BRUSSELS, June 7 (Reuters) - Europe's push for industrial champions is expected to continue after European Parliament elections this weekend that will likely see the major political parties lose seats to nationalist and populist parties, analysts said.

Polls indicate that pro-European parties on the centre-right and centre-left, liberals and Greens will have a smaller majority than in the outgoing Parliament that will shift the assembly to the right.

That will in turn affect the composition of the next slate of commissioners at the European Commission when they take up their posts in December after the current group ends its term in November.

The EU executive has in recent years championed pan-European giants to take on Chinese and U.S. rivals and allowed EU governments to hand out millions of euros in subsidies to key technologies and strategic players.

These included billion-euro jointly funded projects in hydrogen, microelectronics, batteries and cloud infrastructure that have benefited companies such as Airbus, BMW , Michelin, BASF, Enel, Deutsche Telekom, Orange and Telefonica .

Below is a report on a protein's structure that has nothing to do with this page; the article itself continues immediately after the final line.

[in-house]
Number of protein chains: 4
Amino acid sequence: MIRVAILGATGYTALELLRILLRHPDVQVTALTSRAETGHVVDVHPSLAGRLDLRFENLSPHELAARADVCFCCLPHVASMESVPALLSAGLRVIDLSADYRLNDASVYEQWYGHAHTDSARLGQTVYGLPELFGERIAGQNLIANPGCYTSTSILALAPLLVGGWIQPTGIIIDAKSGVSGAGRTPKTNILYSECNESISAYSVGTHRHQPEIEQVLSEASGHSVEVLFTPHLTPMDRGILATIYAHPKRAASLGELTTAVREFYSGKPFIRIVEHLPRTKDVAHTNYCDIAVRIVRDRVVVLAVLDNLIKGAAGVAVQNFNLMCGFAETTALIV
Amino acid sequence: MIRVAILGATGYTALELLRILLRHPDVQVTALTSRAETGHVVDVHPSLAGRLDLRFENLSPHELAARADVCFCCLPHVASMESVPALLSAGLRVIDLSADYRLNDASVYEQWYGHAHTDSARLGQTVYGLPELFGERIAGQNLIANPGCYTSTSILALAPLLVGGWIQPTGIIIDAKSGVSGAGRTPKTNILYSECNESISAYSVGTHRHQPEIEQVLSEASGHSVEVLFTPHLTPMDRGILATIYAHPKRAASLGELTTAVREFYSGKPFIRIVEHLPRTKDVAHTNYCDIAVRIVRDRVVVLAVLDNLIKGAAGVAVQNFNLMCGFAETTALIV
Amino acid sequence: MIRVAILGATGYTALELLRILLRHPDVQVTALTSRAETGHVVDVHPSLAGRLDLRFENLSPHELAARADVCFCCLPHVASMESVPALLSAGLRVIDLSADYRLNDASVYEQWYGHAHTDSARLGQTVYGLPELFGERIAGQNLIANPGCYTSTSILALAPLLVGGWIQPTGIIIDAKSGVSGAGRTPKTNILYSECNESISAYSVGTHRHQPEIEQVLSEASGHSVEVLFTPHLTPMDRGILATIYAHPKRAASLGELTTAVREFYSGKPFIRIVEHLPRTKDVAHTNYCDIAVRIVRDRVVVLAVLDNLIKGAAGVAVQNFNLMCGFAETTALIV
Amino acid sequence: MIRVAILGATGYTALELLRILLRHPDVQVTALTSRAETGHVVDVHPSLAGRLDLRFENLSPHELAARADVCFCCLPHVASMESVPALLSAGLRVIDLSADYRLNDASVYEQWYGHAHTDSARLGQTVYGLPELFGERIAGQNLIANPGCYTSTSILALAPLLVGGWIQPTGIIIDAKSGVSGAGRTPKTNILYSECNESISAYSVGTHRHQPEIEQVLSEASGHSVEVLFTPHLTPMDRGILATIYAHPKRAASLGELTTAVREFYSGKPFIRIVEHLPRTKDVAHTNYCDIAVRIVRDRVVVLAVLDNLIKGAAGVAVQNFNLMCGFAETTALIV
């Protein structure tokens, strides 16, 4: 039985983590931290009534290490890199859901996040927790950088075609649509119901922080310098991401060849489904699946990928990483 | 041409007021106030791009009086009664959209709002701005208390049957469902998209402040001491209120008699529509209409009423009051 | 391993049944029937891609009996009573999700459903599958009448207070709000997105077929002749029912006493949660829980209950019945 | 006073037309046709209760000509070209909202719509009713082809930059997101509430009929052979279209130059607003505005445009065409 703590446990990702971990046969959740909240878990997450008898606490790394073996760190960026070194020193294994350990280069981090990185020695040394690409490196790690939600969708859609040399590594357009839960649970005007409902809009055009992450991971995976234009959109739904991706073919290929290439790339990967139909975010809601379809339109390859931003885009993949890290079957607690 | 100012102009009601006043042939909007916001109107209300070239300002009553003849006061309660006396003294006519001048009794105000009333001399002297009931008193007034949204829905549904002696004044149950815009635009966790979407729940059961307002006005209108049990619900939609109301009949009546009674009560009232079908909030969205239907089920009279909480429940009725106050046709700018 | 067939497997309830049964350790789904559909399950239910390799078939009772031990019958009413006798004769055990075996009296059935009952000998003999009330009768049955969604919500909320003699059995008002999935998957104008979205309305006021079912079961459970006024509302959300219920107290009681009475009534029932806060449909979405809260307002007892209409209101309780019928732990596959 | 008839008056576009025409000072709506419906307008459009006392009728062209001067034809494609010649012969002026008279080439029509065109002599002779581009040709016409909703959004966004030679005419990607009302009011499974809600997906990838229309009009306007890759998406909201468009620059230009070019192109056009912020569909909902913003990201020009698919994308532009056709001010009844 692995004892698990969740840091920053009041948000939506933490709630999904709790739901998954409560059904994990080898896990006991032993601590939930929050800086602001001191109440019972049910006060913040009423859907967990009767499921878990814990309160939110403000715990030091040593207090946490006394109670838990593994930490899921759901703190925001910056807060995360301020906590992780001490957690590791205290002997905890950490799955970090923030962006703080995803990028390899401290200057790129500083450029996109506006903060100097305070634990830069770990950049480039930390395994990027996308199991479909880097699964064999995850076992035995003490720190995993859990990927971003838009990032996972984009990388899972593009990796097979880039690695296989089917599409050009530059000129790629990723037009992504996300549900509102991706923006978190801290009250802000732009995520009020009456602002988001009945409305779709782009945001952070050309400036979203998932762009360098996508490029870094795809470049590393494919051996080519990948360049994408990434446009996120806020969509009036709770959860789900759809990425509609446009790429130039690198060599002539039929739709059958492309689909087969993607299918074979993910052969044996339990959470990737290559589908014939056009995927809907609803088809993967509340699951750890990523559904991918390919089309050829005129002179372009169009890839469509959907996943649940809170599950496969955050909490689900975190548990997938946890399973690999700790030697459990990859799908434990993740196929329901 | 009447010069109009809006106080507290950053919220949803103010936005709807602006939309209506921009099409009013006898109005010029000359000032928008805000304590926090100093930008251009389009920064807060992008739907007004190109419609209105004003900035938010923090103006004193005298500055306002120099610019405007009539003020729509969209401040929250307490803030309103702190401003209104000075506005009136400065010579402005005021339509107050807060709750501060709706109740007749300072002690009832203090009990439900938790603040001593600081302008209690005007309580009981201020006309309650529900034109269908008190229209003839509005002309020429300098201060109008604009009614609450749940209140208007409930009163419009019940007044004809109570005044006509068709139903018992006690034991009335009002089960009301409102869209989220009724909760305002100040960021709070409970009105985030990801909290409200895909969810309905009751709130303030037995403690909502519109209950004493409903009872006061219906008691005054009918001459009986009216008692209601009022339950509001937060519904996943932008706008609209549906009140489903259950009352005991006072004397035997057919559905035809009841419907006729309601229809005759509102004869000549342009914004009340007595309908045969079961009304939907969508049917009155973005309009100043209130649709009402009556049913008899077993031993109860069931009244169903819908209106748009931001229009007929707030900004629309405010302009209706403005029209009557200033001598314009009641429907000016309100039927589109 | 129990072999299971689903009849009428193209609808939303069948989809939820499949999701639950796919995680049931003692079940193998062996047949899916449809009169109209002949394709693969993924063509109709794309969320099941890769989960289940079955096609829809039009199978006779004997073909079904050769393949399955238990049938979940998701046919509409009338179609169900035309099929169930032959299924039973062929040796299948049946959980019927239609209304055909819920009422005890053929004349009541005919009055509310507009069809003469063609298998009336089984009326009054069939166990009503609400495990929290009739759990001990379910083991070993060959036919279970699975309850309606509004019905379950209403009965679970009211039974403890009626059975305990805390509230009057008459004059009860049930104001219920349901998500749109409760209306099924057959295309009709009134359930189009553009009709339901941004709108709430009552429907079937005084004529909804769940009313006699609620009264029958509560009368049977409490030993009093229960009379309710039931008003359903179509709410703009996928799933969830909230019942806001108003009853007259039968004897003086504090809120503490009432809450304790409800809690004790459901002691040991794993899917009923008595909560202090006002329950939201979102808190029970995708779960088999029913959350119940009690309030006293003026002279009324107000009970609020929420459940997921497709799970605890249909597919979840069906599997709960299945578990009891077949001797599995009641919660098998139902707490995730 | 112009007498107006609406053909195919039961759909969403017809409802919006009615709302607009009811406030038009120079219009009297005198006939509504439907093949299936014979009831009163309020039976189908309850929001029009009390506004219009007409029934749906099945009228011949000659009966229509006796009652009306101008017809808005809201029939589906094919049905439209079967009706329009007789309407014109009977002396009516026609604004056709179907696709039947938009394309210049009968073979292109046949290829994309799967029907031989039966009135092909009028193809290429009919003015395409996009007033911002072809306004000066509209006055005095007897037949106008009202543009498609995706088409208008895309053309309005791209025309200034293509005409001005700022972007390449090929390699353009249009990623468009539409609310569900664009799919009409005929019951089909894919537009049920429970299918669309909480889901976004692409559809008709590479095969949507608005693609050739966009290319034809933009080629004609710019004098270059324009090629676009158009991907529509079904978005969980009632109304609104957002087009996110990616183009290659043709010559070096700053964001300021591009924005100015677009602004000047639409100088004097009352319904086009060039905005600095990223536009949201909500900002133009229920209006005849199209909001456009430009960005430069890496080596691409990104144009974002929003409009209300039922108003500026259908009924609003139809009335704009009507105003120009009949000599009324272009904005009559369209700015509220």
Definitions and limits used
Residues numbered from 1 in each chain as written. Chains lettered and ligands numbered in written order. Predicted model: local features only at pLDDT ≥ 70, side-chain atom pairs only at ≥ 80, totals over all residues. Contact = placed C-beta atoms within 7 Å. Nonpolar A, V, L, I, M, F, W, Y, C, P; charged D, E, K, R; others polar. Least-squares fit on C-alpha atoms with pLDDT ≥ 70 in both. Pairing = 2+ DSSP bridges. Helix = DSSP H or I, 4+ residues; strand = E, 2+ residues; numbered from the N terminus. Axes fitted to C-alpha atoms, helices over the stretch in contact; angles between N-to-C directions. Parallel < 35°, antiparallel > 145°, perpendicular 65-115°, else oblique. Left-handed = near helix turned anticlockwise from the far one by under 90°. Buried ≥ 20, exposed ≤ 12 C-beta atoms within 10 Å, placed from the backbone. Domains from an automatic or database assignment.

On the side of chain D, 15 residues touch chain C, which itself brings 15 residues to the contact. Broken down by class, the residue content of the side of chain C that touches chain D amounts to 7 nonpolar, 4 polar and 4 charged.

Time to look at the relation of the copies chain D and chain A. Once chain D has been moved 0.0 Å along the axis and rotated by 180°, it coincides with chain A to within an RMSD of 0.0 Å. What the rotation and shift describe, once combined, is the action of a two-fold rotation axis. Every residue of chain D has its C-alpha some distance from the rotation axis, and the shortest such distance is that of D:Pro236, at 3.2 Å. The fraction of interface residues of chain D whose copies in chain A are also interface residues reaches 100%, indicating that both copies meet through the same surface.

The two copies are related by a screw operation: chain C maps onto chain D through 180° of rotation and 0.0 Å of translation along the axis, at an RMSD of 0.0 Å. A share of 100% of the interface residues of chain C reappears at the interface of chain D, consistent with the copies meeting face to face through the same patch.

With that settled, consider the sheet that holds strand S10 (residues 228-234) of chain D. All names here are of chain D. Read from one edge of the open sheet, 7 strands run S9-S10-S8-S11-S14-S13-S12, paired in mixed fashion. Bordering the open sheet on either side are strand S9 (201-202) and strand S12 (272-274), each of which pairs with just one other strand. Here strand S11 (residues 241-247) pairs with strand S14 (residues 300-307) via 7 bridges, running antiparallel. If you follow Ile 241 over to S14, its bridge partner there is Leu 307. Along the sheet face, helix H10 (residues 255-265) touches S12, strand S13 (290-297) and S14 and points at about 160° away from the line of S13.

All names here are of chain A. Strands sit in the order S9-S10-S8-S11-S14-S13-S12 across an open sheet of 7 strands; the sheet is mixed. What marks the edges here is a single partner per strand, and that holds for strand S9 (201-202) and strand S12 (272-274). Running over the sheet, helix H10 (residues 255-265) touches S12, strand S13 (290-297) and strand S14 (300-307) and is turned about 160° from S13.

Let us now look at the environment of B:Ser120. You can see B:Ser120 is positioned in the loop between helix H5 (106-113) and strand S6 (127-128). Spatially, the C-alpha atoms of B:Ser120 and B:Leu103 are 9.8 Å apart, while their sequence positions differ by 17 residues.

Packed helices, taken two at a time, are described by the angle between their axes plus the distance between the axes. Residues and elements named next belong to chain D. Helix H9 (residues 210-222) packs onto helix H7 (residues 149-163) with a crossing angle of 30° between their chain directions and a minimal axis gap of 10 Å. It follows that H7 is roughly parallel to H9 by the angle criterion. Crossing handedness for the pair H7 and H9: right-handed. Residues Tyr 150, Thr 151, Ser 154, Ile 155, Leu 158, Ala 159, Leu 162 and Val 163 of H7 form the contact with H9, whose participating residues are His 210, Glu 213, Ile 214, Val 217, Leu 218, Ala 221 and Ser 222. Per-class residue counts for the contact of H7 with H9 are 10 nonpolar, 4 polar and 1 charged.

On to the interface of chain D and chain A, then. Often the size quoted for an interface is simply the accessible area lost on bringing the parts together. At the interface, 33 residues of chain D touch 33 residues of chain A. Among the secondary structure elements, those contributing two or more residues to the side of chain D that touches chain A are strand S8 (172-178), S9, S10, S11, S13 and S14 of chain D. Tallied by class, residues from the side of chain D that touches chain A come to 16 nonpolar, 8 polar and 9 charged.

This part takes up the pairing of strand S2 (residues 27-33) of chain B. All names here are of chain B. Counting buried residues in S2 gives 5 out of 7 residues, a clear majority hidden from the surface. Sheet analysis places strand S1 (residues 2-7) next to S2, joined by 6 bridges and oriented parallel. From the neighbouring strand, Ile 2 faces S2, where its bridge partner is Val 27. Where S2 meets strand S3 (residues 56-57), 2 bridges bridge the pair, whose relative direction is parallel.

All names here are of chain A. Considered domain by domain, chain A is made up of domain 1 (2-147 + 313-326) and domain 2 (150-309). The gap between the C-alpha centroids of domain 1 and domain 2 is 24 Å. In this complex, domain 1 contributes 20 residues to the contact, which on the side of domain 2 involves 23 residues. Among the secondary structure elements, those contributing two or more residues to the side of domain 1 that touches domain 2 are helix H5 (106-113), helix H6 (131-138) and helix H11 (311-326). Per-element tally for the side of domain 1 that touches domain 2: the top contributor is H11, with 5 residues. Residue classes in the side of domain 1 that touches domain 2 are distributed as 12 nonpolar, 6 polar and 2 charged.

That drive is unlikely to stop, said Jeromin Zettelmeyer, a director at think tank Bruegel.

"One mitigant is that on the right, they are divided on these issues. Support for industrial champions is coming from the centre. I don't think the election results will result in big changes," he said.

"The policy debate that will happen, defenders of the market and tough competition laws, will be on the defensive regardless of the election results, because of trends and the U.S. and China using nationalistic sentiments," Zettelmeyer said.

The United States last year kicked off its $430 billion U.S. Inflation Reduction Act (IRA), which includes major provisions to cut carbon emission, boost domestic production and manufacturing, while China in turn is also investing billions to achieve technological self-sufficiency.

The success of the European Union's ambitious digital and green goals adopted last year could hinge on creating industrial champions, said Andrea Renda, a director at the Centre for European Policy Studies.

"The EU now sees market forces alone can't achieve what they want such as specialisation in key technologies, creation of good jobs, decarbonisation, economic security and other objective," he said.

"This requires strong industrial policy. We will see a continuation of this, even if this means being lenient towards the creation of European champions."

Advocates of weakening the bloc's tough competition rules to allow for European giants will likely continue to see resistance, said Bruegel's Zettelmeyer.

"We have a substantial community in Europe who wants strong competition," he said. (Reporting by Foo Yun Chee; Editing by Kirsten Donovan)